The transparent ruse in Samuel Croxall's Original Canto of Spencer was not intended to fool any one; the political burlesque makes pointedly obvious allusions to Robert Harley and the Tories, who of course responded to the open invitation made in Croxall's final paragraph in the Examiner (14-18 December 1713).
Alexander Pope (as Esdras Barnivelt): "But if any of these Malevolents have never so small a Talent in Rhime, they principally delight to convey their Malice in that pleasing way, as it were, gilding the Pill, and concealing the Poyson under the Sweetness of Numbers. Who could imagine that an Original Canto of Spencer should contain a Satyr upon one Administration; or that Yarhel's Kitchin, or the Dogs of Egypt, should be a Sarcasm upon another" A Key to the Lock (1715) in Prose Works of Alexander Pope, ed. Norman Ault (1936) 182.
Henry John Todd: "This and the next article [Another Original Canto] are political poems; and, if we may rely on Giles Jacob's information in his Lives of the Poets, are the production of the Revd. Mr. Croxall" Works of Spenser (1805)1:clxxxii.
William Lyon Phelps: "In 1713 appeared An Original Canto of Spencer, design'd as part of his Fairy Queen, but never printed, now made publick by Nestor Ironside. This was written by Rev. Dr. Samuel Croxall, previously alluded to. The Preface contains a fictitious account of the supposed unpublished piece of verse; the poem is in truth a satire against the Earl of Oxford's (Harley's) administration. The next year (1714) Croxall brought out Another Original Canto, under the same assigned name. Croxall afterwards acknowledged the authorship of these cantos, for his Vision (1715) mentions them on the title-page. It is interesting to notice that he employed the Spenserian stanza for the purpose of political satire. In 1714 Croxall also published an Ode to George I. on his arrival in England, 'written in the stanza and measure of Spenser'" Beginnings of the English Romantic Movement (1893) 54.
Edward Payson Morton: "The early eighteenth-century poets who used Spenser's stanza made it a vehicle for political satire — led thereto presumably by Spenser's use of allegory" "The Spenserian Stanza before 1700" Modern Philology 4 (1907) 11.
Harko Gerrit De Maar: "Croxall's prefaces show an intimate knowledge of both The Faerie Queene and The Shepheardes Calender. His first poem proves that if he is not much of a poet, he is at least a fluent versifier" History of Modern English Romanticism (1924) 80.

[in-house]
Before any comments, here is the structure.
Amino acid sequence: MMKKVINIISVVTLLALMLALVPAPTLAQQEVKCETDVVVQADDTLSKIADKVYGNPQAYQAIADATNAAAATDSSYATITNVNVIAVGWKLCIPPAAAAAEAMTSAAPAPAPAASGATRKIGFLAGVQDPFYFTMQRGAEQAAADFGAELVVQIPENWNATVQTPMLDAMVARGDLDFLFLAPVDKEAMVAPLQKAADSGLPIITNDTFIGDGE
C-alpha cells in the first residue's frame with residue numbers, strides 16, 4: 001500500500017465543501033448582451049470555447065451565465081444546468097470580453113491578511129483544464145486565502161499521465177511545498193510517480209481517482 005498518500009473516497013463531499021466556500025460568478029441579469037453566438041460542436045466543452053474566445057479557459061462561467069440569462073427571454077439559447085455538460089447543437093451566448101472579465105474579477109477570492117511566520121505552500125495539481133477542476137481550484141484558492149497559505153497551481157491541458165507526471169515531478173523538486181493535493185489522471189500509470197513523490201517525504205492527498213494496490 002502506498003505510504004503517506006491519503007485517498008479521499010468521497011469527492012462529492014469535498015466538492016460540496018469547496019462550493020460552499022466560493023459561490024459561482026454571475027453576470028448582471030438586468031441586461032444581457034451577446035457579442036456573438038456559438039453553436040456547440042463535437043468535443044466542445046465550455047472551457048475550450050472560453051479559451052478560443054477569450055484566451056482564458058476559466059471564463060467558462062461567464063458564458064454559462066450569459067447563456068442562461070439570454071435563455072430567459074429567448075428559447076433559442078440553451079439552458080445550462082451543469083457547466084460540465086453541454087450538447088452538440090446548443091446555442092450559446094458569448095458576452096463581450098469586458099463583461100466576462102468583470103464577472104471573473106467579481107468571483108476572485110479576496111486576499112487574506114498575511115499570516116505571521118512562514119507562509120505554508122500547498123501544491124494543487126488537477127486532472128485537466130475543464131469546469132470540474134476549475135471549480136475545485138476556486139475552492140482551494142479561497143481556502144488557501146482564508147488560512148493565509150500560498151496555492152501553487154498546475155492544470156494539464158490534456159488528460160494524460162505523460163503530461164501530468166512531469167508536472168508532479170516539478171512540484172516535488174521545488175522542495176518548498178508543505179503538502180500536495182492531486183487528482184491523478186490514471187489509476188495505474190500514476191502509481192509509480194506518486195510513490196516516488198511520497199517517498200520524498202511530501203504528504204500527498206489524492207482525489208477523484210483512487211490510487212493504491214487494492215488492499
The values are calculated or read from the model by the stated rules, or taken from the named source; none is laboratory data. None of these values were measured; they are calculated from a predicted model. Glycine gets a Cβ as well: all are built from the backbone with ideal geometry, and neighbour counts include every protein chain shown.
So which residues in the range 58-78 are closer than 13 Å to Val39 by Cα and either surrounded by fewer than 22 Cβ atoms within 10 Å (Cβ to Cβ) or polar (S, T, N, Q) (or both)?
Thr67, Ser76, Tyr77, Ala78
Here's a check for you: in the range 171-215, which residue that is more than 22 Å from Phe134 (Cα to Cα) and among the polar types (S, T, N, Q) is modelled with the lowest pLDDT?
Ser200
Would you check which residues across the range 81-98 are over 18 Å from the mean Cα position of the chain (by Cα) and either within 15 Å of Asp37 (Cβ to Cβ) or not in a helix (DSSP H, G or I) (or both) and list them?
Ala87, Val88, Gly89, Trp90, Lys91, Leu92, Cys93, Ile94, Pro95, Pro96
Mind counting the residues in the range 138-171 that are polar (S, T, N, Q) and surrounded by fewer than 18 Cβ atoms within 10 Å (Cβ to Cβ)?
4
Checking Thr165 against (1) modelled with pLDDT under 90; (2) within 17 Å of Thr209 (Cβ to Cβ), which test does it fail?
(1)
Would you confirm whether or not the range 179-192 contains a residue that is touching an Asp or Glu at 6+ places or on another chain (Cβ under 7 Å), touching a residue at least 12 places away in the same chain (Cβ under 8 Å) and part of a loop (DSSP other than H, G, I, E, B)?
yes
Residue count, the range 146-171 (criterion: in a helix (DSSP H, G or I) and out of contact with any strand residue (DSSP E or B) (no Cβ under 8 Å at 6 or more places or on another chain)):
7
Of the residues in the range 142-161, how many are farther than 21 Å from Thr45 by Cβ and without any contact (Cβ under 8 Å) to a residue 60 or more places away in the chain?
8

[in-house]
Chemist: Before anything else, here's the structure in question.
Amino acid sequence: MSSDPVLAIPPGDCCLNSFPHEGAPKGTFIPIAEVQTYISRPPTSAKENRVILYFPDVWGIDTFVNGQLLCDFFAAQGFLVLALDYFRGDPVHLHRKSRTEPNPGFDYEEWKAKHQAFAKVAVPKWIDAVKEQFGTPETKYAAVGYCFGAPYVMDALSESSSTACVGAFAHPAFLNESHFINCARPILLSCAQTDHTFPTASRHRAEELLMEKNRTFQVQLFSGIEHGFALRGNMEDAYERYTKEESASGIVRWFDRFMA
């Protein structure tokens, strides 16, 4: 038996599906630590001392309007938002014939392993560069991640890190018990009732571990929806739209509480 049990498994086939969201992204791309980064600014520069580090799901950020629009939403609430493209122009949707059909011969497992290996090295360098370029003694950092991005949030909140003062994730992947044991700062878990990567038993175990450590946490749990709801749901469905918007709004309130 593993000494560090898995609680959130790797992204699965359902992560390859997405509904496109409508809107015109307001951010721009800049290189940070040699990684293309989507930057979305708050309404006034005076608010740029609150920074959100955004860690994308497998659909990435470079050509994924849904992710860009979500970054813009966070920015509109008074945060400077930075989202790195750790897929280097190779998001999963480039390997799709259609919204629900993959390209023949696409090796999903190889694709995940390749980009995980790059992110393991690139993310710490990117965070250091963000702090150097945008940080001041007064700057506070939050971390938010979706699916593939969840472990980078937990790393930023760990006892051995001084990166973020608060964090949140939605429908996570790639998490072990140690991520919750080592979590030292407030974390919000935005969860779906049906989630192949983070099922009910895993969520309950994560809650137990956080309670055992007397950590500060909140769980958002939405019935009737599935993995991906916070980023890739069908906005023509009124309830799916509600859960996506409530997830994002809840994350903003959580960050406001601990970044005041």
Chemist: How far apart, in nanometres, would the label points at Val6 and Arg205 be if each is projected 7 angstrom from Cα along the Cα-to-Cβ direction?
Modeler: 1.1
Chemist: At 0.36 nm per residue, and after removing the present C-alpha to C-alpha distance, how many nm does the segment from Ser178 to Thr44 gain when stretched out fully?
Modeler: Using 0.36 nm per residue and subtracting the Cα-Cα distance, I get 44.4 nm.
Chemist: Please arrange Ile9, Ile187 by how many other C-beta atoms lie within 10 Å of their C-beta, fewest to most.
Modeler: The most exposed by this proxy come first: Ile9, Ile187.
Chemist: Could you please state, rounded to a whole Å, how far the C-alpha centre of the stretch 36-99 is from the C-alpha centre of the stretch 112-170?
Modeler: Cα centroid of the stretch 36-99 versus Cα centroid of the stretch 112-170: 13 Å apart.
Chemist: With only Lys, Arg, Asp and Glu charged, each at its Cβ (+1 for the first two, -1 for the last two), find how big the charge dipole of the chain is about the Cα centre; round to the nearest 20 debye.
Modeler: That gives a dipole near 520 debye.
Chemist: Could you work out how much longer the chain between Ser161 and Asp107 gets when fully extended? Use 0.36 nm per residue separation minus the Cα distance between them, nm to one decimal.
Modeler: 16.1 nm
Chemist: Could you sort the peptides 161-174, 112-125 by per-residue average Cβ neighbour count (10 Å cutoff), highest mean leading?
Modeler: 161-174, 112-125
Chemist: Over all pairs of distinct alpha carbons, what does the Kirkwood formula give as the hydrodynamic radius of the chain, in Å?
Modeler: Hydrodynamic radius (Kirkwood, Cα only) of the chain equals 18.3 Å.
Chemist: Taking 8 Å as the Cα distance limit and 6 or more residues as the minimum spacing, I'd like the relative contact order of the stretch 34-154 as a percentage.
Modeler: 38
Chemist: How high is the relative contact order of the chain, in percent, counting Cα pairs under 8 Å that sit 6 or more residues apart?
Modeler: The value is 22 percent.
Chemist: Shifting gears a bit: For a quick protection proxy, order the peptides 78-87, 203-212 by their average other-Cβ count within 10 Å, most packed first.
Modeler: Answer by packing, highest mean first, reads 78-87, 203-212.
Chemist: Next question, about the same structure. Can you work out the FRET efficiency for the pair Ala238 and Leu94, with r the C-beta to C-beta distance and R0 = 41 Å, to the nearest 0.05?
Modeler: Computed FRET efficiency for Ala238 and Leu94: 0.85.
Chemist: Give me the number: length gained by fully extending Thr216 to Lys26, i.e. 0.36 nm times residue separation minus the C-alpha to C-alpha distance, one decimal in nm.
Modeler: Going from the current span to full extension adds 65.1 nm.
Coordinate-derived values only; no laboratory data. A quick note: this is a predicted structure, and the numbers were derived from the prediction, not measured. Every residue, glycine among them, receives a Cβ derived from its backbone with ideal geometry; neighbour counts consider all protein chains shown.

Oliver Elton: "In 1713 a young Cantab, Samuel Croxall, had published a tolerable pastiche, in the correct measure, and in the nature of a practical joke. He stated that his great-grandfather, 'a schoolfellow and intimate acquaintance of the poet,' had transmitted — what had been 'never before printed' — an Original Canto of Spenser's Faerie Queene. In the next year Croxall came out with a second production of the kind, and with an ode in honour of the arrival of George the First. These works show facility, and also a genuine feeling for Spenser's colour and music" Survey of English Literature 1730-1780 (1928) 1:362.
I am not insensible with what Reason the following Piece of Spencer's will be suspected to be spurious, if a true and fair Account be not first given of it. I am therefore to inform the Reader, that my Great Grandfather, Sir Caleb Ironside, was a Schoolfellow and intimate Acquaintance of Mr. Spencer's. There are Traditions in the Family of many concurring Circumstances that very much tend to the Confirmation of this Assertion: As, that the Poet communicated all his Writings to Sir Caleb, before he made the Publick; whether out of Compliment to an old Friend, or because he thought his Judgment really good, I can't say. It is further said, that the Author, out of Raillery, us'd to call him Talus; there being some Affinity of the Name of the one to the Person of the other.
Upon rummaging my Father's Study, after his Death (I remember I was then but of two Years standing in the University) among other Family-Reliques, I found several Sonnets and Pastorals, written by Sir Caleb; one of which describes a Summer's Evening prettily enough, where Spencer is introduc'd under the Title of Colin, walking and talking with him upon the Banks of the Mulla in Ireland; near which, a considerable Part of the Estate of the Ironsides then lay. One stanza of which Pastoral runs thus:
See, gentle Colin, Silver Mulla weeps,
And wets the dewy Shore when you lament;